Some major issues the country is coming up against include:

  • An inconsistency between applied modern technologies and those taught on TVET courses
  • A lack of teachers’ and trainers’ skills when it comes to innovations and developments in subjects taught
  • Poor communication between TVET providers and labour-market players; and
  • Insufficient involvement of the private sector and poor availability and organisation of skills upgrading courses.

Let’s have a look at how the education system is structured in Russia.Russia Continue reading

9 urgent things Registered Training Organisations must come to grips with in the next 3 months

It is fair to say that Vocational Education and Training (VET) in Australia has been going through a paced reform process but things are about to get sped up with global forces and digital disruption taking over.

Back in 2013 we were predicting many of these reforms and were talking about the need for Registered Training Organisations (RTOs) to collaborate, diversify, niche or die (This is the presentation at the ACPET National Conference in 2013 – you can have a laugh at the Vanilla Ice sound bites!).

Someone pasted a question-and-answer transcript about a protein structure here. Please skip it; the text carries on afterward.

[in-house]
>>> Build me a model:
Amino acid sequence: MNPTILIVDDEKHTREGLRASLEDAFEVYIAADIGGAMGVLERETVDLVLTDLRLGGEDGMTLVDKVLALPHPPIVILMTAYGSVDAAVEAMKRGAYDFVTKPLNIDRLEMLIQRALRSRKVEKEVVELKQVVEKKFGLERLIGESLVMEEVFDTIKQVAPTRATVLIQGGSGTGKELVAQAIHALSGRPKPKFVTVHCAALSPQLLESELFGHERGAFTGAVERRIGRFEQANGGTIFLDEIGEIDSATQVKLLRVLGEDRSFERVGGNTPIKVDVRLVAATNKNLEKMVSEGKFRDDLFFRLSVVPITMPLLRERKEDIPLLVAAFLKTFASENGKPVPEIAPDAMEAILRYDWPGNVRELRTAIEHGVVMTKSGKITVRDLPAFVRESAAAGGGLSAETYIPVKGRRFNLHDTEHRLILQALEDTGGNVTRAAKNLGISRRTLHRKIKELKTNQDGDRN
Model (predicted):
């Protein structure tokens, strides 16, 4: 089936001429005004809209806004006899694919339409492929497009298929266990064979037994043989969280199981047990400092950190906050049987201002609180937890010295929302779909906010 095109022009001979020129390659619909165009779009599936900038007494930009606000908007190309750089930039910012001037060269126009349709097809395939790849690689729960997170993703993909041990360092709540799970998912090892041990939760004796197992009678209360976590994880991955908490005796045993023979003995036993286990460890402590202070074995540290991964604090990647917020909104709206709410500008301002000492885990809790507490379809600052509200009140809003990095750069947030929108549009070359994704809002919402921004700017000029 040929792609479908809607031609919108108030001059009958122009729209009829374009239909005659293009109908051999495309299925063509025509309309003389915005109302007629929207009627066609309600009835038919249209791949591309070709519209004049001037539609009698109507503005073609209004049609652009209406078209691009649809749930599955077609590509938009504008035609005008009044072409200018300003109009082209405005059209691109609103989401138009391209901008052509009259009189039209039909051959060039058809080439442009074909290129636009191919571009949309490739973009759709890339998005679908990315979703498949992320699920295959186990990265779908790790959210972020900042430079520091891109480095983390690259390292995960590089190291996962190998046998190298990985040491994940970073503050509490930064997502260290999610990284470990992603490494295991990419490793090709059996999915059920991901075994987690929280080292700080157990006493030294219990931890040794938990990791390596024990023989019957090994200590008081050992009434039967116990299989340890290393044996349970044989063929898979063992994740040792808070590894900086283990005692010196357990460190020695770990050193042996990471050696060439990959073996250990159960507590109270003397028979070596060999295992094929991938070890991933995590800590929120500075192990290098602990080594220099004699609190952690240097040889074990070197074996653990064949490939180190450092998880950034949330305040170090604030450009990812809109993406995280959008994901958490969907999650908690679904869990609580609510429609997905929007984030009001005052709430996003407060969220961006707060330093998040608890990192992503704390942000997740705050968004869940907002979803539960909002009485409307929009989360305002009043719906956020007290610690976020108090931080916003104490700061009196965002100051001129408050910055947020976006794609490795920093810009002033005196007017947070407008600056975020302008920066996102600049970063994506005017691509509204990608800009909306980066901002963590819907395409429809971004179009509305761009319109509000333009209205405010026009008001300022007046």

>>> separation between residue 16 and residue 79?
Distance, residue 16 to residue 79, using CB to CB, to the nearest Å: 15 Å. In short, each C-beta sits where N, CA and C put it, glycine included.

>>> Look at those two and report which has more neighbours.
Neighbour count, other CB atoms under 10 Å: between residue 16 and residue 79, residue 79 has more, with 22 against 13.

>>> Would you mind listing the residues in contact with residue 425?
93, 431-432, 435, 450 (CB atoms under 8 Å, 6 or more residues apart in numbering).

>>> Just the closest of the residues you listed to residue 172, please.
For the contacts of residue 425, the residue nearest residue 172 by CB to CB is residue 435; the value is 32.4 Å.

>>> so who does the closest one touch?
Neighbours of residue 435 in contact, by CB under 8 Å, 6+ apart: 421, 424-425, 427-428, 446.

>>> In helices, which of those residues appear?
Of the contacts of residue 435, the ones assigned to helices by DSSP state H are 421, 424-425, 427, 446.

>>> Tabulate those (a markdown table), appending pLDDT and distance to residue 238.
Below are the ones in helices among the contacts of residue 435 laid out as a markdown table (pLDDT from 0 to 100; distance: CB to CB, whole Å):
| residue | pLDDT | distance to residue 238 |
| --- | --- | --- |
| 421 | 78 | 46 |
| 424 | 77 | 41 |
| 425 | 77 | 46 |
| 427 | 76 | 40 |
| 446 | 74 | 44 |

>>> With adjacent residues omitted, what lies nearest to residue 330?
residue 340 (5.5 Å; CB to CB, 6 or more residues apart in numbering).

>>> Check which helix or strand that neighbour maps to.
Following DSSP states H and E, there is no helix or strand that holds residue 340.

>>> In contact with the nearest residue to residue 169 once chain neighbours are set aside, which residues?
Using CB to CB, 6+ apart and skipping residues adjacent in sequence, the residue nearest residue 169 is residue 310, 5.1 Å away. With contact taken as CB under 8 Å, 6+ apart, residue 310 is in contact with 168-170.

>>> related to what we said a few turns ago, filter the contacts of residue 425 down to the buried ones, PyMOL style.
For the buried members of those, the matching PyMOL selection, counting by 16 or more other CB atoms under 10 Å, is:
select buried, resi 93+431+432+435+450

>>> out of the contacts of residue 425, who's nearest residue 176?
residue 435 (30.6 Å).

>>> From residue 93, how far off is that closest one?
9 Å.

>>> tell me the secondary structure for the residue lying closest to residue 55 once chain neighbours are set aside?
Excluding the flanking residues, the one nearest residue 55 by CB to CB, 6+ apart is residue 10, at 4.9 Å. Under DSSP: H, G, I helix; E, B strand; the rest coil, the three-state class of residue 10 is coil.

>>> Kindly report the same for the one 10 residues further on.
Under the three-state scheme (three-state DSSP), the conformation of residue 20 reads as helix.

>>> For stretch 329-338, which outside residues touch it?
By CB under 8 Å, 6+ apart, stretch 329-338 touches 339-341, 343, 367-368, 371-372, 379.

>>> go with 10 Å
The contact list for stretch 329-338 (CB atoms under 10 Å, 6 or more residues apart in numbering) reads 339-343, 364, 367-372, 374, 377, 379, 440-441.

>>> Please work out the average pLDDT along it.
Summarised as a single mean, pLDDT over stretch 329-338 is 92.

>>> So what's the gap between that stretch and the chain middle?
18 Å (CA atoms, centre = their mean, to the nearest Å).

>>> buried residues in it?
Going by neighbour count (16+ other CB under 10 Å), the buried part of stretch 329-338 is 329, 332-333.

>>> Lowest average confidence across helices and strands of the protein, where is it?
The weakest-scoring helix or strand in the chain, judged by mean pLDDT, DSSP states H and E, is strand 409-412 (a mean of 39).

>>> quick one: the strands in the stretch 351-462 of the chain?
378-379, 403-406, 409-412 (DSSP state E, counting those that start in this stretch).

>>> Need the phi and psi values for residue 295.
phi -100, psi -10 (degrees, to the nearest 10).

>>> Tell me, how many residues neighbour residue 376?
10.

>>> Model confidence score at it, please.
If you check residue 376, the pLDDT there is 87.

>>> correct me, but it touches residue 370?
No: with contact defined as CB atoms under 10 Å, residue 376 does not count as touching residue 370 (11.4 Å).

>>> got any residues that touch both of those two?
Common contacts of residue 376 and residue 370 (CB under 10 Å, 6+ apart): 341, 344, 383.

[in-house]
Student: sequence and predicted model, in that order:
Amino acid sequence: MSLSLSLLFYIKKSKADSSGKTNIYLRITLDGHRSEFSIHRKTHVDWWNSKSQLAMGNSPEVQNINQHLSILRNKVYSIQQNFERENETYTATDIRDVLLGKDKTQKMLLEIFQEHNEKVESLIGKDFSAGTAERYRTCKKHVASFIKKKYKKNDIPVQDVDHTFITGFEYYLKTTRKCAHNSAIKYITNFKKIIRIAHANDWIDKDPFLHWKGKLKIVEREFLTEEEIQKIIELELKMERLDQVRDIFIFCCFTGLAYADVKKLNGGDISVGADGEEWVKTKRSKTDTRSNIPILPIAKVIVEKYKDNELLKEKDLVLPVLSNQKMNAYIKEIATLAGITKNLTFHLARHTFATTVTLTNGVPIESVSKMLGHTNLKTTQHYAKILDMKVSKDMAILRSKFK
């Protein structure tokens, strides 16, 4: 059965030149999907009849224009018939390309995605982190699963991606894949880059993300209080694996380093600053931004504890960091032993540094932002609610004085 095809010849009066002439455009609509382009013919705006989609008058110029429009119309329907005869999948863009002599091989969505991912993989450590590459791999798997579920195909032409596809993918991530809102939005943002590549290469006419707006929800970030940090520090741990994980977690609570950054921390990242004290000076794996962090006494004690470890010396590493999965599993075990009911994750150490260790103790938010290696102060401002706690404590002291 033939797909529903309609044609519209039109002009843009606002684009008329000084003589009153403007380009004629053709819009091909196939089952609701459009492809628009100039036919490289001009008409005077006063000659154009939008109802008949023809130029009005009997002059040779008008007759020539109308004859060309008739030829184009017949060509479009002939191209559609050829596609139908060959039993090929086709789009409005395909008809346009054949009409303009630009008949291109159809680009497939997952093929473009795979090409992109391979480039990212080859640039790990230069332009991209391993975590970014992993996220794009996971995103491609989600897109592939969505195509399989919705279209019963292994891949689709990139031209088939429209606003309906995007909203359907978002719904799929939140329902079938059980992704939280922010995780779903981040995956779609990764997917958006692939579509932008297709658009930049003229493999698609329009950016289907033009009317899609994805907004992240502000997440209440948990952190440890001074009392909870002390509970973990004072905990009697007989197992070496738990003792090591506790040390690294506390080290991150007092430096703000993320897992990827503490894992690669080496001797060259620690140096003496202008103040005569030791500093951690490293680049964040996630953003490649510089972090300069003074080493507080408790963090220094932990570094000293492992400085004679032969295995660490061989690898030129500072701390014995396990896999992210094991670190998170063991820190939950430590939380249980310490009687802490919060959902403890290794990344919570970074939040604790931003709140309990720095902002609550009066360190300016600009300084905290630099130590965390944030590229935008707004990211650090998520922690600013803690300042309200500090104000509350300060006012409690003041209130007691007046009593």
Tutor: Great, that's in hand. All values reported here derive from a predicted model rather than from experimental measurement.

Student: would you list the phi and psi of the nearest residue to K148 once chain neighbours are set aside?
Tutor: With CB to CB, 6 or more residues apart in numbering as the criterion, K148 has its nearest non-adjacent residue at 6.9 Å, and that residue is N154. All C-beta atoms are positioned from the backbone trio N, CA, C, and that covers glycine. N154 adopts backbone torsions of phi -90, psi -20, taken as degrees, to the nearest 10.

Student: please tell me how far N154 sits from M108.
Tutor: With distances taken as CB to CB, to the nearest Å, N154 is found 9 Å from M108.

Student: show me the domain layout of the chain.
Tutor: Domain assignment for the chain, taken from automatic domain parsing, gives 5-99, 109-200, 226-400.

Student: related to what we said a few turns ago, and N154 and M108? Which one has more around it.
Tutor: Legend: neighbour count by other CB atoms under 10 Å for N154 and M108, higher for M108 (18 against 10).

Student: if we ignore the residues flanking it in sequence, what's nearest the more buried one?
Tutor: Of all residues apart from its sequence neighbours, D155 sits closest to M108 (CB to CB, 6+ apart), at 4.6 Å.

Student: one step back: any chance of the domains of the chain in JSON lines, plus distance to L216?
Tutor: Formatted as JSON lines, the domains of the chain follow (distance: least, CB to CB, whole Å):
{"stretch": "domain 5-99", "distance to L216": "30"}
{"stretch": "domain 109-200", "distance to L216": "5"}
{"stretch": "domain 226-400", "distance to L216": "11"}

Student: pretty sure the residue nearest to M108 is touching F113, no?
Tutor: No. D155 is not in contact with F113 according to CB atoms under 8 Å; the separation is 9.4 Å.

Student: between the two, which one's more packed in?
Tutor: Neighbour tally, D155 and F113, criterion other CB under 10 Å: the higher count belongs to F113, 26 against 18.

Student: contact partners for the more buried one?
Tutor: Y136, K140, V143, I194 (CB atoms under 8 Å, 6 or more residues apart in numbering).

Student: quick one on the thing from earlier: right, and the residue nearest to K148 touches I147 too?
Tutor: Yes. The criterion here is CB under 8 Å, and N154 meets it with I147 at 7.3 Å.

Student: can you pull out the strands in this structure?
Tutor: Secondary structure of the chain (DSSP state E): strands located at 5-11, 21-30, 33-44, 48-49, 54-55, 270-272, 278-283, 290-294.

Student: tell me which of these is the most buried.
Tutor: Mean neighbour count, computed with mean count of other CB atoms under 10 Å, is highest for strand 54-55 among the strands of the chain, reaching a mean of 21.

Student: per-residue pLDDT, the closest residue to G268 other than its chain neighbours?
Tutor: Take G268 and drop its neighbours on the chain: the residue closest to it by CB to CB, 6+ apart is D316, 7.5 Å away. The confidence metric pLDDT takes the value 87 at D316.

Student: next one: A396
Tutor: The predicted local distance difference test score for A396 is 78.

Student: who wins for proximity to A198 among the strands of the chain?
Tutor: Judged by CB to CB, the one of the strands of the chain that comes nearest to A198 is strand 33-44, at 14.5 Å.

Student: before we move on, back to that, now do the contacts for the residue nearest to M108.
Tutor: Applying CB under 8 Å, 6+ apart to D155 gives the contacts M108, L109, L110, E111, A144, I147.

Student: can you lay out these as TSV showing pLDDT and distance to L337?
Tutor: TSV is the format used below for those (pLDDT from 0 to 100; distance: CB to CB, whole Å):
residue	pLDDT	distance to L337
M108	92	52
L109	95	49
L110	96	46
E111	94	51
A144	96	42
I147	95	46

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Now the question for most of you is “how can I jump ahead of my peers, carve out pole position in innovative products and services, and integrate new discovery technologies into my business?”

It is fitting to be writing this thought provoking blog today at the end of the quarter, outlining the 9 things that RTOs must come to grips with in the next 3 months so you are not left behind. Continue reading

Strong workforce but lacking skilled labour in Peru